GOP pushes ahead with deficit-reduction plans
Energized after a spring recess, House Republicans last week approved more legislation to weaken the healthcare reform law. They also stood by their plan to make major changes for Medicare and Medicaid as members from both political parties began deficit-reduction plans with the White House.
Federal dollars for health insurance exchanges and the construction of schoolbased health centers became the House GOP’s latest targets, as the House passed bills to eliminate funding for them in last year’s Patient and Protection and Affordable Care Act.
House GOP members also introduced a bill to repeal the law’s requirement that states main- tain Medicaid eligibility levels until the insurance exchanges are in operation. Republicans say the maintenance-of-effort provision is forcing states to make cuts to other programs such as educa- tion and law enforcement.
Separately, the House approved legislation to permanently prohibit the use of taxpayer dollars for abortions.
On May 3—Congress’ second day back after a two-week break—the House voted 283-183 to eliminate federal funding for states to establish the insurance exchanges, even though Senate Health, Education, Labor & Pensions Committee Chairman Tom Harkin (D-Iowa) said the bill would be “dead on arrival” in the Senate and the White House promised a veto.
The next day, House members voted 235191 to eliminate funding for the construction of school-based health centers. According to the National Assembly on School-Based Health Care, more than 350 applicants nationwide are seeking funding through the first round of competitive grants in the Affordable Care Act, which provided $50 million a year for four years in one-time funding for construction, renovation and equipment.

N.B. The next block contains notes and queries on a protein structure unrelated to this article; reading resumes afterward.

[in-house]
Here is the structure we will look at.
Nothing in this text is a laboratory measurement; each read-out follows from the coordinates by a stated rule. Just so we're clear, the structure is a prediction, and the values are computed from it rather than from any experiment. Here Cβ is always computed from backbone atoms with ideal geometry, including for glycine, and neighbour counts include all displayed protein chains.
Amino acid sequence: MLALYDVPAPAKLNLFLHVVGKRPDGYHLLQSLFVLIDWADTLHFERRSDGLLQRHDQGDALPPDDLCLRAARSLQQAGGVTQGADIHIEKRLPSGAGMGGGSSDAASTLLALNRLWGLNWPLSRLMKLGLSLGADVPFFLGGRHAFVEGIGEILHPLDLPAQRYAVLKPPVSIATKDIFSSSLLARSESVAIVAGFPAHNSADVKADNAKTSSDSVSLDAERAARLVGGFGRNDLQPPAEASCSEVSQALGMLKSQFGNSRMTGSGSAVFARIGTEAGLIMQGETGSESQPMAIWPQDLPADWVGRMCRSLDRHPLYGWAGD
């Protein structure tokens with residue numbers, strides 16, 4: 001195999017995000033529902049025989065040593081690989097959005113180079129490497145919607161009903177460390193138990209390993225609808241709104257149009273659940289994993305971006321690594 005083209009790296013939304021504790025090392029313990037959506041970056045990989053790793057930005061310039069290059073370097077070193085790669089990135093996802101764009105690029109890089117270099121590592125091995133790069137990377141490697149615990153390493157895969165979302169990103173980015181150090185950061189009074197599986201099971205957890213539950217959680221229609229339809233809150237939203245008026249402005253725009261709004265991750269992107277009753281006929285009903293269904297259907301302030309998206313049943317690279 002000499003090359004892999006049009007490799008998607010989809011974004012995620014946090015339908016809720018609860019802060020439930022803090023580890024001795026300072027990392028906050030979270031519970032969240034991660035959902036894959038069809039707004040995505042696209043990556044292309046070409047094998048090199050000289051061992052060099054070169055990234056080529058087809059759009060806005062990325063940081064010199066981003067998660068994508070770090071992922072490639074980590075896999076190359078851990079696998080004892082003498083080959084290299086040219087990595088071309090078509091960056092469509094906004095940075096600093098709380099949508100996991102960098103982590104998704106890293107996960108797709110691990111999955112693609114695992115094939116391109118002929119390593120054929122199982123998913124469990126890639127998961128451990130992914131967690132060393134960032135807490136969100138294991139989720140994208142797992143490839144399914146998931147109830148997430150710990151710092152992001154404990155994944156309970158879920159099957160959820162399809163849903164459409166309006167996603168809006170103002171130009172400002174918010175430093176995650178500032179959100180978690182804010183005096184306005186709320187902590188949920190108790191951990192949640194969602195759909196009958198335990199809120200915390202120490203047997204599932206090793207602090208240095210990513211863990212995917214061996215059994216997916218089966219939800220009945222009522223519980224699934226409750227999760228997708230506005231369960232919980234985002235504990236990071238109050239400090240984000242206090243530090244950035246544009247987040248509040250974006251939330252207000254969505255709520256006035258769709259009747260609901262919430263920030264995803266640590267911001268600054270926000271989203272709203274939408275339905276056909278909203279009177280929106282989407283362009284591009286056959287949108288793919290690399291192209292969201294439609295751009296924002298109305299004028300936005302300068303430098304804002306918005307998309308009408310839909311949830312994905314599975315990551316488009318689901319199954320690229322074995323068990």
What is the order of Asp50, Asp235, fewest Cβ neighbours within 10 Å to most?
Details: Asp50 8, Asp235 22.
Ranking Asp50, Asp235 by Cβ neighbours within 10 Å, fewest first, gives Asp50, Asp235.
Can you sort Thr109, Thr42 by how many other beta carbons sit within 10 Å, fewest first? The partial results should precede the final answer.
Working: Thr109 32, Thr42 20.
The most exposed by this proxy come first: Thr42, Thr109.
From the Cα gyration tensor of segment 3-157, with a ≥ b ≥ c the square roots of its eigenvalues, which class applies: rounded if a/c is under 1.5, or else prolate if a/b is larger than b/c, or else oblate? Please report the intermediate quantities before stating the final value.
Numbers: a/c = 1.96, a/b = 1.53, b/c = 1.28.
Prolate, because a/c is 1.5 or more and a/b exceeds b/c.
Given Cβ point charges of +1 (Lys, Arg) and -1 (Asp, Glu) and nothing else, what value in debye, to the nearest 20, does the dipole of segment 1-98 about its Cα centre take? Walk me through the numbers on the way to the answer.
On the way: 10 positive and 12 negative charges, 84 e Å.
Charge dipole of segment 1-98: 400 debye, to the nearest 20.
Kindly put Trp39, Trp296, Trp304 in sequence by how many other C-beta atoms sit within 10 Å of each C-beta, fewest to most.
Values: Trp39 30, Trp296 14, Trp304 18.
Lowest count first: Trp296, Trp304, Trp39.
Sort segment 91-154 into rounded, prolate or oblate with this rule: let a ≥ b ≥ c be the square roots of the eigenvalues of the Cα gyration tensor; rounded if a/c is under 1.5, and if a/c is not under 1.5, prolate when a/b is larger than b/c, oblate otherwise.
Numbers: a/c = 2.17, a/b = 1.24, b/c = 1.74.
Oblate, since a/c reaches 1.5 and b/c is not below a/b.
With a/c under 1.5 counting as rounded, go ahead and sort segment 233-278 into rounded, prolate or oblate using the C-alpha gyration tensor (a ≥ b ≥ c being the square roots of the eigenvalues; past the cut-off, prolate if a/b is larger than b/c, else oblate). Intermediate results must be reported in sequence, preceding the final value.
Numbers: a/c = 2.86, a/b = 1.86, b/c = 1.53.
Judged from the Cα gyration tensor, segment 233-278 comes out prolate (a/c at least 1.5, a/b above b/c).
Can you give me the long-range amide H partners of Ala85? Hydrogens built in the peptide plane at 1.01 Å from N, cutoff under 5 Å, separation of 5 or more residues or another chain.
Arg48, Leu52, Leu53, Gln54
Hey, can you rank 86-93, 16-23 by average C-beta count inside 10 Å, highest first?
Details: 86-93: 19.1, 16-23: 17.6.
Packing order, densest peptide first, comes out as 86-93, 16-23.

The House also voted 251-175 to permanently prohibit the use of taxpayer dollars for abortions except in the cases of rape, incest and harm to the mother. That legislation builds on the Hyde amendment, a measure Congress passed in 1976 that bars the use of federal fund- Medicare program and result in a large number of Medicare beneficiaries losing access to services. Addressing the issue is on the committee’s “short list of getting things done this summer,” Upton said.
American Medical Association President Dr. Cecil Wilson testified the SGR formula has called for payment reductions since 2002, when payments were cut by 5%. Since then, Congress has intervened a dozen items to prevent additional cuts. And because funding wasn’t provided to reform the formula, the current Congress must address even steeper cuts.
Wilson presented a three-part solution that suggests repealing the sustainable growth-rate formula and implementing a five-year period of stable Medicare payments as policymakers and stakeholders develop a permanent solution. The third element calls for transitioning to a range of new payment
Cantor leaves a May 5 meeting on deficit reductions. House GOP members stand by
changes to Medicare and Medicaid.